While Zarqawi’s network – by this time known as al-Tawhid wal-Jihad (Monotheism and Holy War) – was not completely independent of al-Qaeda, it was clearly autonomous. Zarqawi’s men “refused to march under the banner of another individual or group,” recalls Nu’man bin-Uthman, a Libyan Islamist leader now living in London who was in contact with Zarqawi at the time. [3] Zarqawi’s choice of Herat as a base of operations was significant – it allowed him to bypass Pakistani way stations into Afghanistan used by al-Qaeda and instead create his own highly sophisticated “underground railroad” to ferry operatives between Europe and Afghanistan through the eastern Iranian city of Mashhad. According to the interrogations of captured Tawhid operatives in Germany, the two networks’ fundraising branches competed with each other in Europe.

Zarqawi’s Iranian connections paid off – in the aftermath of 9/11, he and most of his operatives in Afghanistan were able to cross overland into Iran. However, his efforts to resume operations there backfired. In February 2002, three Tawhid operatives on a mission to carry out bomb attacks against Israel were arrested crossing into Turkey from Iran; their interrogation alerted Western intelligence agencies to Zarqawi’s presence in the Islamic Republic. Pressure on Iran to expel Zarqawi intensified in April after eight Tawhid members were arrested in Germany for plotting terrorist attacks against Jewish targets.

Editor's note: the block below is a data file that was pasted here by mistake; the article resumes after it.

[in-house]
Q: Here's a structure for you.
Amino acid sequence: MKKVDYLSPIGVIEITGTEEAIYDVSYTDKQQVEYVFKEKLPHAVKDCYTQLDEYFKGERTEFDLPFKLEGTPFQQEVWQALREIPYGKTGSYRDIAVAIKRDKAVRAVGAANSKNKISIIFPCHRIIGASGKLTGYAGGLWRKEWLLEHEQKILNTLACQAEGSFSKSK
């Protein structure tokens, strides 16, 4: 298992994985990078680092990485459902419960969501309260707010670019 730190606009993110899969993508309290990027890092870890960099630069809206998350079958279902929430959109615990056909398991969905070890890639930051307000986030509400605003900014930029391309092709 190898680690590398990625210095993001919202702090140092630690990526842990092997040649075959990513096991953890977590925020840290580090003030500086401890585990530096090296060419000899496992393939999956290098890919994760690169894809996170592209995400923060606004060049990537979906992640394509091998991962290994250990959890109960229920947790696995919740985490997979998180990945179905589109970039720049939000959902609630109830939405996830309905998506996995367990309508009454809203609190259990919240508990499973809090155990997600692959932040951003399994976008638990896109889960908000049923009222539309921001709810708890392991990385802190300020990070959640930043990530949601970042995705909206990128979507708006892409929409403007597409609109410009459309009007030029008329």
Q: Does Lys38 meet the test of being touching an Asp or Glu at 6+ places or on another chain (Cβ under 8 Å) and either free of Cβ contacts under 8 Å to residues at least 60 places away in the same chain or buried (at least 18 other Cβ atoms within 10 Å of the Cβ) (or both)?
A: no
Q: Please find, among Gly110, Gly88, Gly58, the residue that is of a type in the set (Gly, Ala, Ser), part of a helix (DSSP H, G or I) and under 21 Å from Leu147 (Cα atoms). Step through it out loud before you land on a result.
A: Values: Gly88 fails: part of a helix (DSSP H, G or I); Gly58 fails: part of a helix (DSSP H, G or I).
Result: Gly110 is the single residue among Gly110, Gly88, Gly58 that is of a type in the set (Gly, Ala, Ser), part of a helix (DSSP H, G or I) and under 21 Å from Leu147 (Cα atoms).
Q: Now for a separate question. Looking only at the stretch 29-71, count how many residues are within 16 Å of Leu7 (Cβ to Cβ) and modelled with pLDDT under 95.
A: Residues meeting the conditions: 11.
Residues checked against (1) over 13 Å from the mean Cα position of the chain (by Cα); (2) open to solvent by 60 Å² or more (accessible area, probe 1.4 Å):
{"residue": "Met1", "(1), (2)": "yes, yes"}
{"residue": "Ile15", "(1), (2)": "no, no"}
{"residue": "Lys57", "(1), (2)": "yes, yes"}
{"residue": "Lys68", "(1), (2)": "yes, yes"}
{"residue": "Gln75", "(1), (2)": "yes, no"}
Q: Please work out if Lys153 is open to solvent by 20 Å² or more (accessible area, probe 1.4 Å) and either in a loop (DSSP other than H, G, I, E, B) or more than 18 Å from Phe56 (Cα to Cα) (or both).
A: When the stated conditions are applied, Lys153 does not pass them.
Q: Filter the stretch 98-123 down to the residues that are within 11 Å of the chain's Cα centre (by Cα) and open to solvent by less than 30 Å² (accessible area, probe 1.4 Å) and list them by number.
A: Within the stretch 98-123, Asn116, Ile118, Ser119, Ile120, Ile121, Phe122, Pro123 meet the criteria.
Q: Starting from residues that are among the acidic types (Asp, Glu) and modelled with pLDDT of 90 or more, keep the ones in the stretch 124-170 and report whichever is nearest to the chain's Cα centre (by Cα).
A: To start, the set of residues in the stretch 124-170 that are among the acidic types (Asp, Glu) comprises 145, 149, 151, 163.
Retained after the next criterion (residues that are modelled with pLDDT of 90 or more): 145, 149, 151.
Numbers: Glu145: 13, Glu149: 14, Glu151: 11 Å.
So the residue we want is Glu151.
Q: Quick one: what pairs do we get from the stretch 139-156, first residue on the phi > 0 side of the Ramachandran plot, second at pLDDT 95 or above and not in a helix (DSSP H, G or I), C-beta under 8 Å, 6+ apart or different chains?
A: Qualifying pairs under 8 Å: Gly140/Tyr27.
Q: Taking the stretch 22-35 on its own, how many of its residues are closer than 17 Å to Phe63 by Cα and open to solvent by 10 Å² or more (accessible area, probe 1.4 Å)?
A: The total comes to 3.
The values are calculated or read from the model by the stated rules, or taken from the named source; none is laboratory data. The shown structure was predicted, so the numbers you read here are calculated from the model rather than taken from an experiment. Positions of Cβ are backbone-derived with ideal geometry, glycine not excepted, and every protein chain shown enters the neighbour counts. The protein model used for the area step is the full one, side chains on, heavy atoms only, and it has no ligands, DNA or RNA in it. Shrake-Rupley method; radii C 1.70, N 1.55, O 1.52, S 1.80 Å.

Weeks later, Zarqawi was obliged to relocate to a remote area of northern Iraq controlled by the Kurdish Islamist group Ansar al-Islam. A number of Arab Islamists had already set up camp in the mountainous enclave and Zarqawi quickly joined forces with them. Believing that an American invasion to oust Saddam Hussein was inevitable, Zarqawi began preparing the groundwork for the battle ahead. He spent a considerable part of the summer in Baghdad and the so-called Sunni triangle of Iraq, apparently to establish local support networks. Since Iran was no longer a reliable conduit for the travel of Tawhid operatives, Zarqawi spent time in Syria setting up an alternate route.